• Ask a Cop

    Got a question? Send it to Lt. Bob Dunn, public information officer. We'll publish answers to the most interesting ones.
  • Need Help?

    For non-emergencies, call (714) 765-1900.
    911 for emergencies
  • RSS Anaheim News

    • An error has occurred; the feed is probably down. Try again later.
  • RSS OC Crime News

    • An error has occurred; the feed is probably down. Try again later.

Welter: Gang Crime and Terrorism Remain Serious Threats

Hundreds of California’s top criminal investigators gathered in Anaheim this week for a conference aimed at improving the fight against organized crime and international terrorism.

Chief Welter

“We need to detect, deter and intervene in criminal activities whenever possible,” Police Chief John Welter said. “But now more than ever we need to reach out to our communities to help.”

Hosted by the Asian Gang Investigators Association of California, the conference – which started Monday and ends today at the Disneyland Hotel – featured seminars on topics such as “Women and Terrorism in Our Culture – Is it Possible?” and “The Active Shooter Paradigm.”

In his remarks, Welter cited recent research that showed the importance of following up on suspicious behavior to thwart terrorism.

He also highlighted APD’s efforts to integrate intelligence sharing from street cops to intelligence officers – inside and out of the police department.

The department employs 40 “Terrorism Liaison Officers” who are trained to catch criminals before they act. They also help potential victims harden targets. Across Orange County, more than 770 law enforcement, military, medical and fire officials have completed the training, he said.

Welter also shared the key role the private sector plays in securing potential targets such as fuel storage tanks, mass transit and entertainment venues.

“We also need to do more about helping our community members recognize criminal behavior and then report what they see,” he said. “The domestic terrorism threat is more complex than reporting a burglary in progress.”

In Anaheim, a new “Suspicious Activity Report” was developed to record any activity that may be tied to terrorism, he said. In 2009, APD received 100 such reports. More than 80 have been processed this year.

An example would be somebody buying supplies that could be used to make bombs.

But law enforcement must tread carefully in this area, he said.

“Civil rights issues are of great concern to all of us in the policing profession,” he said. “We realize the success of any suspicious activity reporting outreach depends on the ability to earn and maintain the public’s trust.

“We must be as transparent in our practices as possible without releasing sensitive or confidential investigative information.”

Public Safety Involves More Than Having Officers Respond to Crime, Chief Says

More than 500 police experts from around the globe gathered Monday at the Disneyland Hotel to share success stories and new strategies for engaging the public in the fight against crime.

Chief Welter POP

Chief Welter addresses the conference crowd

“We all need to be ready to make the case for public safety being more than just having officers respond to crime,” said Anaheim Police Chief John Welter at the 20th annual “Problem-Oriented Policing Conference.” “In the long run, a problem solving strategy is so much more effective and financially efficient.”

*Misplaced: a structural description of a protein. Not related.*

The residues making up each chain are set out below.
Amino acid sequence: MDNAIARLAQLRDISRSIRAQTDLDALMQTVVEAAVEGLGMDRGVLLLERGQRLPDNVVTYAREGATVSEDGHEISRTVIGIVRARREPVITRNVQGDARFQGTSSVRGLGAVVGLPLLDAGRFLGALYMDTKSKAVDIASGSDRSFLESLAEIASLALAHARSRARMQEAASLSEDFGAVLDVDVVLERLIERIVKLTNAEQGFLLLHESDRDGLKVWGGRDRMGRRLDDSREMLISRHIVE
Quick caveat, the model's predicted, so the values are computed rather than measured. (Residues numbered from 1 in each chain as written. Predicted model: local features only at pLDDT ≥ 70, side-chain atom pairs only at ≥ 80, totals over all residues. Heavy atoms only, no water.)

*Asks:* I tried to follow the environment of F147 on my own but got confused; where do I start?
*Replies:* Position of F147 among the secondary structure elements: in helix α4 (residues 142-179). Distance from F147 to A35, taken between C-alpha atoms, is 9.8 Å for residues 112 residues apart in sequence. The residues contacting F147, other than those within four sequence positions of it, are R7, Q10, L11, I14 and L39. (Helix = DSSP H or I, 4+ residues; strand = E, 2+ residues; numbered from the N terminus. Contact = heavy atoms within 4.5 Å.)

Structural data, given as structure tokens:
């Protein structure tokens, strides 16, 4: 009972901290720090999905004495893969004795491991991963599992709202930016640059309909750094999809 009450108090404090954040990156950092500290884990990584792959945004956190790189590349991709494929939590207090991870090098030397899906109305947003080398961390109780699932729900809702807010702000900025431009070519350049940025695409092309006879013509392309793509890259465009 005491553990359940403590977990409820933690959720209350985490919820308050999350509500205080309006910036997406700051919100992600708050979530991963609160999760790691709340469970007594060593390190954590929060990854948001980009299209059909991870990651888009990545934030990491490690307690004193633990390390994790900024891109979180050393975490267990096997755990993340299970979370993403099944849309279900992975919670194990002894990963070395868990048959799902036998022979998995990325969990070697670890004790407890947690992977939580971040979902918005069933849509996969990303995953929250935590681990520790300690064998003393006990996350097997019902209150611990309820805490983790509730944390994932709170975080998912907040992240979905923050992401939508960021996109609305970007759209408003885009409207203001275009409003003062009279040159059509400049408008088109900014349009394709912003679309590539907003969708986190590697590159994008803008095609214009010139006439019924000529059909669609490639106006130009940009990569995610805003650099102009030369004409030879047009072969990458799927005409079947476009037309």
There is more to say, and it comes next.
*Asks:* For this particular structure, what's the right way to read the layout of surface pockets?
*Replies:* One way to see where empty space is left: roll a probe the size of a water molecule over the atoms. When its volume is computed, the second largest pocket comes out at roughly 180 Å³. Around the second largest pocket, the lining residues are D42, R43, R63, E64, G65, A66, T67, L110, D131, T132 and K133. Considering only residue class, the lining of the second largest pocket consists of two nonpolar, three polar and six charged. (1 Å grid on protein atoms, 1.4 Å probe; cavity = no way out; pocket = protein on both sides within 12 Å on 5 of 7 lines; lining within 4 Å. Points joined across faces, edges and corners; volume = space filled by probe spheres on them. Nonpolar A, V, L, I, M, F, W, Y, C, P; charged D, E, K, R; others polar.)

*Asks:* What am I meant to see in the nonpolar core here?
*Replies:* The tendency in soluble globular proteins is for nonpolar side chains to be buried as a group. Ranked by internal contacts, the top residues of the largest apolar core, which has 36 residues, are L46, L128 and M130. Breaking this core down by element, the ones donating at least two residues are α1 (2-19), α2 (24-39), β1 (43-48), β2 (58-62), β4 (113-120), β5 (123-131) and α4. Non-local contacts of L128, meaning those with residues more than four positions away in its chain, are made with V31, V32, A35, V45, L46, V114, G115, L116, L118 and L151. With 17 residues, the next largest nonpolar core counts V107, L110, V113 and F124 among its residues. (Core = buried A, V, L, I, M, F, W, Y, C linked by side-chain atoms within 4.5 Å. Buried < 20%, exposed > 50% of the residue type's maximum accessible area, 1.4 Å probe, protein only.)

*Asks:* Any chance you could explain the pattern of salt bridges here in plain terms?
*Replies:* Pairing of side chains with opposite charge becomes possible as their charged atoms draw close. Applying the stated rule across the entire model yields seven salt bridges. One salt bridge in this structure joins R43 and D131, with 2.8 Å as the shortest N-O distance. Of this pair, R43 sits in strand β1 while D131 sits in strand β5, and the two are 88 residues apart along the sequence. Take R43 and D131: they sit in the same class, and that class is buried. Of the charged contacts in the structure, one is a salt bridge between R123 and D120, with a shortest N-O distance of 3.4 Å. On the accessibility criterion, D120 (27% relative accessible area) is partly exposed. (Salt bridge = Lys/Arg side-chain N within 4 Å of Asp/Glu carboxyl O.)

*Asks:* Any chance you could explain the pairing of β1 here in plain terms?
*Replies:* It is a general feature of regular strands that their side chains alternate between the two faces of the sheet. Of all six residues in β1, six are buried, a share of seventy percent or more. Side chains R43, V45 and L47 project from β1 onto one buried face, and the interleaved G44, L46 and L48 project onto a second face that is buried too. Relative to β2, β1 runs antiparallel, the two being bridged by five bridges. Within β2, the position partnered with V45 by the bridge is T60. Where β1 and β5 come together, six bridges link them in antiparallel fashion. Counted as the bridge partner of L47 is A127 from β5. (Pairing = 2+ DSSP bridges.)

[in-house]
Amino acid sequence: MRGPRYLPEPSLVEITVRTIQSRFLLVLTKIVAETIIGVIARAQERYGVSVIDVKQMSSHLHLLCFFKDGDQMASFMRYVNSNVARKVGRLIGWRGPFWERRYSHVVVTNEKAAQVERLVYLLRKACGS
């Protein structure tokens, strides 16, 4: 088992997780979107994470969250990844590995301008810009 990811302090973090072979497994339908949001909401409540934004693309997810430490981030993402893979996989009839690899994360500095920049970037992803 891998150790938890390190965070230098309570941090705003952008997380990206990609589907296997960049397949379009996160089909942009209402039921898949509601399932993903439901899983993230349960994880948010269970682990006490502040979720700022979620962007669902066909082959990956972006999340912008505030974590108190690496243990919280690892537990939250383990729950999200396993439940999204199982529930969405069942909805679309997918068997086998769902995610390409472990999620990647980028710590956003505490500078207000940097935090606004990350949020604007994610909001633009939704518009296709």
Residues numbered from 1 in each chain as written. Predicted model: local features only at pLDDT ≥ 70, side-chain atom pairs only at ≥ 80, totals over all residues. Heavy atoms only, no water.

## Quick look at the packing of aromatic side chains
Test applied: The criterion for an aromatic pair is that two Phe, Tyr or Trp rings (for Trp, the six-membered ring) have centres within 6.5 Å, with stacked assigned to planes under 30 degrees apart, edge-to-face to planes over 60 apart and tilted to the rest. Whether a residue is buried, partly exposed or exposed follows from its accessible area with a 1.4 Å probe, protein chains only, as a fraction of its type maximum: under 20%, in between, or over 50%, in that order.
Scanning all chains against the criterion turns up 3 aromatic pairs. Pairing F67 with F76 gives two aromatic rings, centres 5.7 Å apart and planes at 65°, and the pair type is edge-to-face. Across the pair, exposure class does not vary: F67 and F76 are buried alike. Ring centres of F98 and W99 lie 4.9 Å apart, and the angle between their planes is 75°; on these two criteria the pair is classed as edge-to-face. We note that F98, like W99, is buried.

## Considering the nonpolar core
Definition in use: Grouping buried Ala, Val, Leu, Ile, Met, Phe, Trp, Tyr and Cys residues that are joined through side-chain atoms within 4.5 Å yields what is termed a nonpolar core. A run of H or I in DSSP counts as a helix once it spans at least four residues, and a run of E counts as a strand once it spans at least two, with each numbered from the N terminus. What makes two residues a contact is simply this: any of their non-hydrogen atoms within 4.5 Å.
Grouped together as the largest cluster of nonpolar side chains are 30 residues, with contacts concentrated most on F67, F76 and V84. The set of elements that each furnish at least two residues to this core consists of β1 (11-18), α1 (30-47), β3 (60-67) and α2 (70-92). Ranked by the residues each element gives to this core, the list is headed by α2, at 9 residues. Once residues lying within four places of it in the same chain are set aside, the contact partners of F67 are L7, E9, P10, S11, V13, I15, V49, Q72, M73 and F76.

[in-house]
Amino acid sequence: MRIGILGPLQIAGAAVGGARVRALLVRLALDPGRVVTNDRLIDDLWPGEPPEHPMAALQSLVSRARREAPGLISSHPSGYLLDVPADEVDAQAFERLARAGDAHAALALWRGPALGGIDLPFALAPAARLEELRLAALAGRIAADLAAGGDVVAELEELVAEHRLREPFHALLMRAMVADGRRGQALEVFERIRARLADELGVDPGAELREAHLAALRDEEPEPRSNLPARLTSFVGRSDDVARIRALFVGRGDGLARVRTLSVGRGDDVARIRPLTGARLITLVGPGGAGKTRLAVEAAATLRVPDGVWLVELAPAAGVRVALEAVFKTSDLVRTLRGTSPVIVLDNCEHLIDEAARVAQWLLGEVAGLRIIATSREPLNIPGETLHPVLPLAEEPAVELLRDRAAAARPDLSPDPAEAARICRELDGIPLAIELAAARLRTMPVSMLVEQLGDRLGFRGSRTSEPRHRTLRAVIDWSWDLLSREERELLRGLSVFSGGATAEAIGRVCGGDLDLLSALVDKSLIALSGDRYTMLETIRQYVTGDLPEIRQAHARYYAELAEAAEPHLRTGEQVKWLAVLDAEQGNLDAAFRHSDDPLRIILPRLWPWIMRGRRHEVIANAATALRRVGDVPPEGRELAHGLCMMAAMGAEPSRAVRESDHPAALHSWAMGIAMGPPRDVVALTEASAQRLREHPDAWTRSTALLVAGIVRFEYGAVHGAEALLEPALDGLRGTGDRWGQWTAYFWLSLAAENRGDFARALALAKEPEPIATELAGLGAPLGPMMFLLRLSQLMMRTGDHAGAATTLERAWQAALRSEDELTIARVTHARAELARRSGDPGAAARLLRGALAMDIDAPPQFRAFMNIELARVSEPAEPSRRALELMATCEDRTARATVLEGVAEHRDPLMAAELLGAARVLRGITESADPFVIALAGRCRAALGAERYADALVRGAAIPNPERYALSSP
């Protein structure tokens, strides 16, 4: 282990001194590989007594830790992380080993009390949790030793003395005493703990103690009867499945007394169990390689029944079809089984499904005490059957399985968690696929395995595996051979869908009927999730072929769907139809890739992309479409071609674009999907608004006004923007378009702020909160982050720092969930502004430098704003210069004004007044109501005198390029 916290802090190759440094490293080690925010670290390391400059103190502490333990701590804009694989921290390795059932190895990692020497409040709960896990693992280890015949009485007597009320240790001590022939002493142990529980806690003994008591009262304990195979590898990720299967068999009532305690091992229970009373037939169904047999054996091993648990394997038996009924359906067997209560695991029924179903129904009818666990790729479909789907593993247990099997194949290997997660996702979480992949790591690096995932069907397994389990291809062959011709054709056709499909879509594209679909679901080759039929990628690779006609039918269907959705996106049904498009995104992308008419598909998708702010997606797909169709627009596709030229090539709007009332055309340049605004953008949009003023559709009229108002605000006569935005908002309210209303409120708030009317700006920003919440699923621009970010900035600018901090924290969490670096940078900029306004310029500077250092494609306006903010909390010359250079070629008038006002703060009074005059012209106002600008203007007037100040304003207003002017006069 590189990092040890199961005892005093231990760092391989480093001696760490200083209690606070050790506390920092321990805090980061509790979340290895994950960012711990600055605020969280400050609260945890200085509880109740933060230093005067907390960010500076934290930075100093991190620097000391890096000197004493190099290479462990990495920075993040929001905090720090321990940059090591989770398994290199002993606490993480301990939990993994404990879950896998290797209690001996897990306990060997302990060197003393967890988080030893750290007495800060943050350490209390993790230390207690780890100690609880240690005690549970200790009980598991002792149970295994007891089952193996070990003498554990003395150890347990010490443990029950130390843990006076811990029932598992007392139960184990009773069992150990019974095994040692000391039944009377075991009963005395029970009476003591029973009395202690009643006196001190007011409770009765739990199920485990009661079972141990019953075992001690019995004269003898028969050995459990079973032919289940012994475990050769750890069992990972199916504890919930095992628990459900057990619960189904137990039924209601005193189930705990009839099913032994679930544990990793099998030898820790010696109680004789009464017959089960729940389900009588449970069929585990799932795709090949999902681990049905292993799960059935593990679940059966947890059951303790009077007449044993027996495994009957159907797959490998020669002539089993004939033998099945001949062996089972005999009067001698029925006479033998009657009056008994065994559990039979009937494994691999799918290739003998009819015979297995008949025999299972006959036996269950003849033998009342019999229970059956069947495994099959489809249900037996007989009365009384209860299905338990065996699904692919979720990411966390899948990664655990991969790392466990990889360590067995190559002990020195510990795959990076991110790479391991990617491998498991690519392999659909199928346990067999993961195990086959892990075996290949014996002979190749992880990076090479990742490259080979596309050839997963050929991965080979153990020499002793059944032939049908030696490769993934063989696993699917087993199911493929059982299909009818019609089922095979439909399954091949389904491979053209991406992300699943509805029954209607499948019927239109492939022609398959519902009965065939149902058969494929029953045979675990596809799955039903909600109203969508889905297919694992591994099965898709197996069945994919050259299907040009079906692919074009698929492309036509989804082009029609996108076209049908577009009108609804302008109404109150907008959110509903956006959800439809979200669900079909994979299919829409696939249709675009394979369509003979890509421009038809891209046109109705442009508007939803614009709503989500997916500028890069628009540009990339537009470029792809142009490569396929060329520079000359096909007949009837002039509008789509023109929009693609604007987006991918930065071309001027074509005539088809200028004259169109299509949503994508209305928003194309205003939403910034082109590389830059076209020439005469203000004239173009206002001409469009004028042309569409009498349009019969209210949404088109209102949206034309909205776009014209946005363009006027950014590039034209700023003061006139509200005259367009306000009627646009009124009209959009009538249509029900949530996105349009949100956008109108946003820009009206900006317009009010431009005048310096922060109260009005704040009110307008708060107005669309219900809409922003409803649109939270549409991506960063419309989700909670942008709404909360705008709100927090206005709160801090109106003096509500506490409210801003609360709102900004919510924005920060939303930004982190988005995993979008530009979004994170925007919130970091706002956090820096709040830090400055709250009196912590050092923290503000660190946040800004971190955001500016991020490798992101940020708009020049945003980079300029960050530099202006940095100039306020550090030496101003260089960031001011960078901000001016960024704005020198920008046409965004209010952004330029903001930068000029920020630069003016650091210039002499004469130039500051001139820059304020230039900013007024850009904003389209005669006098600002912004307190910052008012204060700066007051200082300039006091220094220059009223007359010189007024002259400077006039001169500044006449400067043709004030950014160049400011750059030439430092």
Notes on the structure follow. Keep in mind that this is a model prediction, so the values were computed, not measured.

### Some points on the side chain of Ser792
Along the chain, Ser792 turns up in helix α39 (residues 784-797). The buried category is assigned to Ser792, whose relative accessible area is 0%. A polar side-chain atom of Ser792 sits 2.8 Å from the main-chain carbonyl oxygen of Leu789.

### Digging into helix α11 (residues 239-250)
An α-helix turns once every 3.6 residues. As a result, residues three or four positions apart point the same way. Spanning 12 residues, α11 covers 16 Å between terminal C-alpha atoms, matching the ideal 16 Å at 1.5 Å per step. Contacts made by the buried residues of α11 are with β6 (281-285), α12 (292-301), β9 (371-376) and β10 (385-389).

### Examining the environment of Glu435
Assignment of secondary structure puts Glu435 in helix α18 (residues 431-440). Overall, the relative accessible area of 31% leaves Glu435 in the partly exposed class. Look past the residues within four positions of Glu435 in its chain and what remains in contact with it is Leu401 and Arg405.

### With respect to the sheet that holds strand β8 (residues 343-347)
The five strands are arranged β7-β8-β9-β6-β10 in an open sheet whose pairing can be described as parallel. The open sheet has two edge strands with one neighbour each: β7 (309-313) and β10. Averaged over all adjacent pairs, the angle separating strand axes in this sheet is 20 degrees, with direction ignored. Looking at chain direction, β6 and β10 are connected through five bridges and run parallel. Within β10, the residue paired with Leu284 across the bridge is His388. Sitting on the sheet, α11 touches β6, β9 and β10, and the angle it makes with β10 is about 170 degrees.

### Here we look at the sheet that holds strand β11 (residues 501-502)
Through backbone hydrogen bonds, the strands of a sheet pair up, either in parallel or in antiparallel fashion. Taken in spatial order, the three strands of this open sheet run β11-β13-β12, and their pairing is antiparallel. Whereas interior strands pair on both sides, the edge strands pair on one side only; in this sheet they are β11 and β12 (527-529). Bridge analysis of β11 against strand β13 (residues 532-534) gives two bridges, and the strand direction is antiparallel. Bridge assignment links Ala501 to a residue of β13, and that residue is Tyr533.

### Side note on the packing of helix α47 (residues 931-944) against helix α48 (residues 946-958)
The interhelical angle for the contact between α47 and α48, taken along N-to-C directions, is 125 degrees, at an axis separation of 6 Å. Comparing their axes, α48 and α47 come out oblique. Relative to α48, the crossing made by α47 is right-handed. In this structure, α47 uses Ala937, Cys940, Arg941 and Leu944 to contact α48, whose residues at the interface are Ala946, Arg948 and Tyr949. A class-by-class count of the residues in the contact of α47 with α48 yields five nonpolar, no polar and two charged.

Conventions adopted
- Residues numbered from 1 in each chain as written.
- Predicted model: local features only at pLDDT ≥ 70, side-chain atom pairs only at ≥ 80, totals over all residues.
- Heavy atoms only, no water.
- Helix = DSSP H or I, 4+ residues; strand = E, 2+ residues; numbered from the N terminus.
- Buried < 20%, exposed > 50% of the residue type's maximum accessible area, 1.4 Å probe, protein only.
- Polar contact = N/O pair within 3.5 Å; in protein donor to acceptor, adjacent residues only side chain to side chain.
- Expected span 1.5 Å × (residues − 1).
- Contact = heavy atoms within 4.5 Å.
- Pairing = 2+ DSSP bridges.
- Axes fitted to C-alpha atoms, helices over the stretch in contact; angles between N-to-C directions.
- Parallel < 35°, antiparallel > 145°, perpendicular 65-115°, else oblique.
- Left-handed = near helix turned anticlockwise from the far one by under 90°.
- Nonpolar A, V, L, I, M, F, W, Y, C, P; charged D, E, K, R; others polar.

The conference features three days of seminars from top law enforcement officials and criminal justice academics.

Coined by University of Wisconsin professor Herman Goldstein, Problem-Oriented Policing (POP) emphasizes research, analysis, prevention and the participation of public and private organizations.

“Most of our private sector partners require just a little help and direction,” Welter said. “But we all need to lead that effort by providing accurate and convincing crime information… and then following up with concrete examples of what community members can do – and how they can do it.”

David Kennedy, director of the Center for Crime Prevention and Control at John Jay University in New York, noted several simple ways police can deter repeat offenders. One involves more honest and direct communication.

“If all you do is tell them (how to avoid prison) – you get huge changes in behavior,” he said, adding, “no sane human being wants to go to prison.”

Kennedy also encouraged police to think beyond the traditional criminal justice system – to informal social controls – in developing deterrence strategies.

An effective technique involves family member participation.David Kennedy's "Deterrence and Crime Prevention"

“Most offenders harbor real doubts about what they are doing,” he said. “When they don’t care – get the people around them to care.”

To illustrate the power of the strategy, he asked: “When you were a kid, how many of you were afraid of police officers?”

Only a few hands went up.

“How many were afraid of your mother?”

Most hands went up.

Most offenders still listen to their mothers, friends or other influencers, he said.

“Just find the pressure points wherever you can,” he said.

Later this week, the Herman Goldstein Award will be given to a police agency that exhibited innovation and effective use of POP techniques to resolve a community problem. Anaheim PD was a finalist for the award in 2007 for its effort in cleaning up The Boogie! nightclub. To read APD’s submission, click here

For more about the conference or POP strategies, visit the Center for Problem-Oriented Policing’s Web site here and download one of its many innovative guides.